This is different from other low carb diets, such as the Atkins diet, as those focus on limited amounts of carbohydrates with no emphasis on fat and liberal amounts of other foods. It is easy to be following a low carb diet but never achieve ketosis.

Dirty Keto follows the same breakdown of fats, protein, and carbohydrates with one key difference – it does’t matter where the macronutrients come from. This has enabled many to use this diet as a way to lose weight while still eating limitless amounts of bunnless bacon cheeseburgers with a Diet Coke. Although this eating pattern may sound tempting, no amount of breadless fast food or artificially sweetened beverages is healthy, even in the presence of weight loss. Micronutrients (vitamins, minerals, antioxidants, etc.) are a key component commonly lacking in the dirty keto eating pattern. These are just as much, if not more, important than the macronutrient profile of ones meal as micronutrients are essential for system function, keeping a strong immune system, and maintaining healthy looking hair, skin and nails.

Benefits of a Ketogenic Diet

Although it is predominantly known for its potential to help with rapid weight loss, nearly a century ago the Ketogenic diet was used as a tool for clinitians to effectively treat patients with epilpsy. It has also been shown to be beneficial in treating other brain conditions including Alzheimer’s, Parkinson’s, and bipolar disorder.

According to this study, a “Spanish Ketogenic Mediterranean diet” (healthy keto with wine, basically) followed for 12 weeks cured people of their metabolic syndrome (high blood pressure, high blood sugar, high cholesterol). In addition, while over 92% improved their liver health, 21% saw complete resolution in their previous diagnosis of non-alcoholic fatty liver disease.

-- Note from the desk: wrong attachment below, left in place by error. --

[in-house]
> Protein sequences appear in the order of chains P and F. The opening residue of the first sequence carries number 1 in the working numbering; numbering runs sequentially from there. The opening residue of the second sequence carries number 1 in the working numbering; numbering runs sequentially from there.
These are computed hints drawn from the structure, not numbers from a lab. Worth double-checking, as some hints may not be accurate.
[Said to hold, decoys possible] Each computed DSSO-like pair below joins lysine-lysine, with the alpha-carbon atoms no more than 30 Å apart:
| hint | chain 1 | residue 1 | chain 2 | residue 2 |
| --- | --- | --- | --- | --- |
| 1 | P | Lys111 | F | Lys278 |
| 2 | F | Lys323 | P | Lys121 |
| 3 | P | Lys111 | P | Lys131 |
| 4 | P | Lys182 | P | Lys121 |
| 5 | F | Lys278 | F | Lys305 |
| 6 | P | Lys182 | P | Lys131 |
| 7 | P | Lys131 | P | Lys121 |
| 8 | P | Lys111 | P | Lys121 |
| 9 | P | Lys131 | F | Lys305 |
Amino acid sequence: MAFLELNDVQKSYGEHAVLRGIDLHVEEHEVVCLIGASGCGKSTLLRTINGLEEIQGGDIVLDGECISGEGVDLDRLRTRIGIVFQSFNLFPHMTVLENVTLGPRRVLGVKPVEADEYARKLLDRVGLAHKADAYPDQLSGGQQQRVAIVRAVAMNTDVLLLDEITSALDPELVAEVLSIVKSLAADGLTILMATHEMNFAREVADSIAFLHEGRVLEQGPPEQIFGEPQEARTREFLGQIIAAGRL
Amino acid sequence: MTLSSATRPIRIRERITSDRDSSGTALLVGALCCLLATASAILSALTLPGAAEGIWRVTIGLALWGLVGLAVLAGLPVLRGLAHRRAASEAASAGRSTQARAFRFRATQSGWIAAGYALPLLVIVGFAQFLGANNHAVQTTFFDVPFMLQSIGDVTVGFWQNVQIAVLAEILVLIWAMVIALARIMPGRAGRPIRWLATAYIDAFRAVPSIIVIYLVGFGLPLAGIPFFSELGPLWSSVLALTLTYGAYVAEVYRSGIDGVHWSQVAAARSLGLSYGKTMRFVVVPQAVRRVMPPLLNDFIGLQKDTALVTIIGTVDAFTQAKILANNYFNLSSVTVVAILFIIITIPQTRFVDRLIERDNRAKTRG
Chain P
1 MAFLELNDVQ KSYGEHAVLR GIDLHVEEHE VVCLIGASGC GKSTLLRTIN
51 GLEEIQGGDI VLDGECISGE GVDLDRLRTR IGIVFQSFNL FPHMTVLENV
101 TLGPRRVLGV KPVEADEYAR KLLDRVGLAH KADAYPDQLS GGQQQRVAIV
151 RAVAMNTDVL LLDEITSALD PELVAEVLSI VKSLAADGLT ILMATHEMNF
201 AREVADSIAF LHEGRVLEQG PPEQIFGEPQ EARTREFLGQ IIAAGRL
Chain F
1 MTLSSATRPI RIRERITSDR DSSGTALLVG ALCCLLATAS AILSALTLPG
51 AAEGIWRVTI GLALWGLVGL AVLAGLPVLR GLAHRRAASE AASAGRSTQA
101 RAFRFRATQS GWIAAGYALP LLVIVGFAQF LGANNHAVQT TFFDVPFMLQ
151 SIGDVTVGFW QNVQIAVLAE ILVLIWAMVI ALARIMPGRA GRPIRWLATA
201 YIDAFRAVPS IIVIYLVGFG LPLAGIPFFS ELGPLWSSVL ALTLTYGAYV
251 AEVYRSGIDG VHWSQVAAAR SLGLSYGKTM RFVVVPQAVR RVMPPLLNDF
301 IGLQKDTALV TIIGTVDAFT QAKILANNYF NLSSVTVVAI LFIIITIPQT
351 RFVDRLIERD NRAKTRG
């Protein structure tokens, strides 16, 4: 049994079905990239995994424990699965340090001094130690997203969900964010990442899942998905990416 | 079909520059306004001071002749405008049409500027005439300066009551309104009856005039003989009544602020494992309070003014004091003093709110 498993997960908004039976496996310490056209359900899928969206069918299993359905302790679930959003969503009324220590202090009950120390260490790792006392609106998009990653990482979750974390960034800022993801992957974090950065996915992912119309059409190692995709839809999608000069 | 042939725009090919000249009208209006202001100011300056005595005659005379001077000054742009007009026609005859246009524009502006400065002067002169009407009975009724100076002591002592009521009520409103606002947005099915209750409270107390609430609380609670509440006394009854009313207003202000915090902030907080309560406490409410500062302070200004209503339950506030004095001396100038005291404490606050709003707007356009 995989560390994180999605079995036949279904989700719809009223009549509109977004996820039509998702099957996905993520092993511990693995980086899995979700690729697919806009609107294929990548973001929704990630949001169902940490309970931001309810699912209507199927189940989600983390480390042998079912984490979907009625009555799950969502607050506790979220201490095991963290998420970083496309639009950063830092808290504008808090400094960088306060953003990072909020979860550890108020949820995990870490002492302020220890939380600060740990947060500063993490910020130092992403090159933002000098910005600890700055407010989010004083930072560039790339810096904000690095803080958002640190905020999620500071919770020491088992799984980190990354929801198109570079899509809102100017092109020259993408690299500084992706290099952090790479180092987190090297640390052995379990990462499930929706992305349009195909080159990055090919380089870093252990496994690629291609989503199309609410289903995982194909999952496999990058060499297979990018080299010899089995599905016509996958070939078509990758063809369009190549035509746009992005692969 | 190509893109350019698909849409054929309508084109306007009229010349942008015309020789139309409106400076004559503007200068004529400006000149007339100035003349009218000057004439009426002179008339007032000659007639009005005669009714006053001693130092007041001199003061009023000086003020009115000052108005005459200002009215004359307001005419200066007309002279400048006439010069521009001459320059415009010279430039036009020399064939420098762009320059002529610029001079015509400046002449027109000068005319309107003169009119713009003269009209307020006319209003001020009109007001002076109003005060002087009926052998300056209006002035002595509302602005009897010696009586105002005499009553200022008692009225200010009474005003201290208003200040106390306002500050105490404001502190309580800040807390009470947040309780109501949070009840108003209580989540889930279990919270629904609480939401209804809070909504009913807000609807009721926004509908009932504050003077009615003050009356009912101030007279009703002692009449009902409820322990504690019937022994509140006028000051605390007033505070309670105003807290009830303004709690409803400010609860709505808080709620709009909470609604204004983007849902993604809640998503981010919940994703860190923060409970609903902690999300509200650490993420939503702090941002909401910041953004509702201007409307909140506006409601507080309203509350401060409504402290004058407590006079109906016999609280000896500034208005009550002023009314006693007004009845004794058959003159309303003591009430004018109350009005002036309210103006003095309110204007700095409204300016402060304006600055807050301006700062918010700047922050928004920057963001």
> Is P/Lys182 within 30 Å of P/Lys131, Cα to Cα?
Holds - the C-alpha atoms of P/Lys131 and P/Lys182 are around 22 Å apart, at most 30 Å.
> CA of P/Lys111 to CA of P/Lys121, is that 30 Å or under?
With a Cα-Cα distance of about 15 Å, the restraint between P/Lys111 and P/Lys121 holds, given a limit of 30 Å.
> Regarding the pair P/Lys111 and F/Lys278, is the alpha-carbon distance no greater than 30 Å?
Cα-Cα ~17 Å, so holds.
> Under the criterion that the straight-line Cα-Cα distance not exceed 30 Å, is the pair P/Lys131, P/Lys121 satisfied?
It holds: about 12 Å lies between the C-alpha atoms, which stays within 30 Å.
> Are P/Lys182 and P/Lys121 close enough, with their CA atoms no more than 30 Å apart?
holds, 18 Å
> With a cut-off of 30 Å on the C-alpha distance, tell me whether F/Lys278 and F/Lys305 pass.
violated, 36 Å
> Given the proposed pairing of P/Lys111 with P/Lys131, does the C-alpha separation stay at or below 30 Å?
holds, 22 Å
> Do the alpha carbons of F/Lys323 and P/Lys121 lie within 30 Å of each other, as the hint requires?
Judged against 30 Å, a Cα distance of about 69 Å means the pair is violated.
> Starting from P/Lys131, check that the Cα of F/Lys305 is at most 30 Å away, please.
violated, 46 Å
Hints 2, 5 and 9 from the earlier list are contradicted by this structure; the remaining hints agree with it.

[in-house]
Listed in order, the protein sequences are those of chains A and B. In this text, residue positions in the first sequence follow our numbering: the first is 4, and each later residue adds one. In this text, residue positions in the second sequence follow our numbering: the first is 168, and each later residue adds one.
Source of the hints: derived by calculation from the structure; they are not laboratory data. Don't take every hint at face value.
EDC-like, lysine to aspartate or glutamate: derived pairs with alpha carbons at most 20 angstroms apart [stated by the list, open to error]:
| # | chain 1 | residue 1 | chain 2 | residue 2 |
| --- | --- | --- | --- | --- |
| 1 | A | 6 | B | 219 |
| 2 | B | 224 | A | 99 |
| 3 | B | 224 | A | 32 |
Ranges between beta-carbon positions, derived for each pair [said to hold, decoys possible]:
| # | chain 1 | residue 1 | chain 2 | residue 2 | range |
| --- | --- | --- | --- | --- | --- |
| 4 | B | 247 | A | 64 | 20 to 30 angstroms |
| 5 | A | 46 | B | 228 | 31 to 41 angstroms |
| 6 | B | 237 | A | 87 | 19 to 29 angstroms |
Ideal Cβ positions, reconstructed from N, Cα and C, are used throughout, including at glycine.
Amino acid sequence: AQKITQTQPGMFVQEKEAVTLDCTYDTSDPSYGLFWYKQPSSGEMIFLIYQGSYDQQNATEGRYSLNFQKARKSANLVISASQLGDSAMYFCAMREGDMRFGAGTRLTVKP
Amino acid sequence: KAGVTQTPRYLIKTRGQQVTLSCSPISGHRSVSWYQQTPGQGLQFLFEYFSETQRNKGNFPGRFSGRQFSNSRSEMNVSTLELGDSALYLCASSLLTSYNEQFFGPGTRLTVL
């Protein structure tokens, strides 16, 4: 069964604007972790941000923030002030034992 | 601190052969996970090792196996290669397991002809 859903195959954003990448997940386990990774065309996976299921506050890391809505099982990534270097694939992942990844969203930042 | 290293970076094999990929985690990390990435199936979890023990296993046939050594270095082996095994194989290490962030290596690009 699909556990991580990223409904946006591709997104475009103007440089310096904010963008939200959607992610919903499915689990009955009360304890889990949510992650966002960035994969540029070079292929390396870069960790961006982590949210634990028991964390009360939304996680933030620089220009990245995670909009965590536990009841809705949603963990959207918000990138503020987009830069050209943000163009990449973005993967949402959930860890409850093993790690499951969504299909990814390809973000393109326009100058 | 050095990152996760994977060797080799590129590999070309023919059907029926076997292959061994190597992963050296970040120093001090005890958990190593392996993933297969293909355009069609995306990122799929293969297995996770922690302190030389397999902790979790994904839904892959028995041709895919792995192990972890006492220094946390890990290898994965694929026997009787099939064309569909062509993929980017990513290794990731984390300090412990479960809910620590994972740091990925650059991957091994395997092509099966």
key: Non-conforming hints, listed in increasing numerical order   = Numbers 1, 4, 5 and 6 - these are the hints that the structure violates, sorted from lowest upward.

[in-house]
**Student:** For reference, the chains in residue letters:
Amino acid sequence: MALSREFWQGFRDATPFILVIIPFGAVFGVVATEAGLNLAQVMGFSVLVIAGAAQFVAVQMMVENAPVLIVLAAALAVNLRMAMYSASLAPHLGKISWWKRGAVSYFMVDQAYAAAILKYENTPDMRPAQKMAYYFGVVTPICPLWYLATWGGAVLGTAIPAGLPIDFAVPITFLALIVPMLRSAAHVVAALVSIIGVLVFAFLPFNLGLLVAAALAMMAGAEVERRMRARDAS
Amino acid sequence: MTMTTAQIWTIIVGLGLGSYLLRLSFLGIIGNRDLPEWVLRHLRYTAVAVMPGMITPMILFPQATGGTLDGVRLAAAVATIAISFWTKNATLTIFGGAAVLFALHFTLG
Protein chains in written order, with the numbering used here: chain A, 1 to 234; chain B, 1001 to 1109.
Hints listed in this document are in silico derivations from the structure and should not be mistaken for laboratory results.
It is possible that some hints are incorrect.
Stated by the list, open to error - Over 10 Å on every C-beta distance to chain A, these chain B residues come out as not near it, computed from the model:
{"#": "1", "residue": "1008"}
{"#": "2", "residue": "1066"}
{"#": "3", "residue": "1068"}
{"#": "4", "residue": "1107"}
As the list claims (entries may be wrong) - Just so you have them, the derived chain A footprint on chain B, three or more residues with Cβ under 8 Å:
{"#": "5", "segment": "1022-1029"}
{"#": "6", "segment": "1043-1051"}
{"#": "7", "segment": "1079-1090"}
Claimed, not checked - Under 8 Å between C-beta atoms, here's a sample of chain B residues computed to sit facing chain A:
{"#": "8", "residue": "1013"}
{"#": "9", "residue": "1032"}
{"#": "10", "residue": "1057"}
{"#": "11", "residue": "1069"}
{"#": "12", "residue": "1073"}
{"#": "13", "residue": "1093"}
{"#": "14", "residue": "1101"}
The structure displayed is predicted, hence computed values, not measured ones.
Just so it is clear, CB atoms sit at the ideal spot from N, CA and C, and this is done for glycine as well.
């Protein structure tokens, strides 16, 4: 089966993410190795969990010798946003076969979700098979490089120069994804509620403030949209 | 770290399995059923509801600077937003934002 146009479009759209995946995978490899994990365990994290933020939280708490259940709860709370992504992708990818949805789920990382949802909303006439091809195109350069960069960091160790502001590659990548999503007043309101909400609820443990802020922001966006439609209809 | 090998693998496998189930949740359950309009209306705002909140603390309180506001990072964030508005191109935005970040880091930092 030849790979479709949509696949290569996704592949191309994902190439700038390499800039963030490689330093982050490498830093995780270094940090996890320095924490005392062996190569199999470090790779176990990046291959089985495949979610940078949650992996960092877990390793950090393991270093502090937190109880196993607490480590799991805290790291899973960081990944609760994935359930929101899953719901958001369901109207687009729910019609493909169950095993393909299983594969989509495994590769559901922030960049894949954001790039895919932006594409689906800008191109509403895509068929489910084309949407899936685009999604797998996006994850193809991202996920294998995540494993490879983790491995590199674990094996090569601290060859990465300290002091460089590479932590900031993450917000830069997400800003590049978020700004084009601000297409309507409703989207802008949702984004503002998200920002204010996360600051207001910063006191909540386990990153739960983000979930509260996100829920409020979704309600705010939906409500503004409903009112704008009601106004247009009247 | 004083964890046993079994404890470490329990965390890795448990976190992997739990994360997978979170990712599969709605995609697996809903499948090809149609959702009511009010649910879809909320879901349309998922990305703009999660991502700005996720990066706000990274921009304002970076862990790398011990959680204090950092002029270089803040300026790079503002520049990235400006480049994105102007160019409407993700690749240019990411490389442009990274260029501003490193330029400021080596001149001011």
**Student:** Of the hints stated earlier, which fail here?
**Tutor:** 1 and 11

There are also benefits for healthy individuals including:

  • a more stabilized and reduced blood sugar, which will lower the risk of diabetes and metabolic syndrome.
  • improved cognitive performance and decreased brain fog.
  • reduced appetite and cravings.
  • slowed aging through activation of anti-aging and anti-inflammatory biochemical pathways.
  • it provides our cells with a steady source of ketone bodies, which is a cleaner-burning fuel than glucose.

3 Common Mistakes

  • Not eating enough non-starchy vegetables. These are vegetables that are low in carbohydrates and will have a minimal effect on your blood sugar. They should compose at least half of your plate. Examples: peppers, asparagus, tomatoes, any type of leafy green, Brussel sprouts, onions, celery, green beans, broccoli, cauliflower.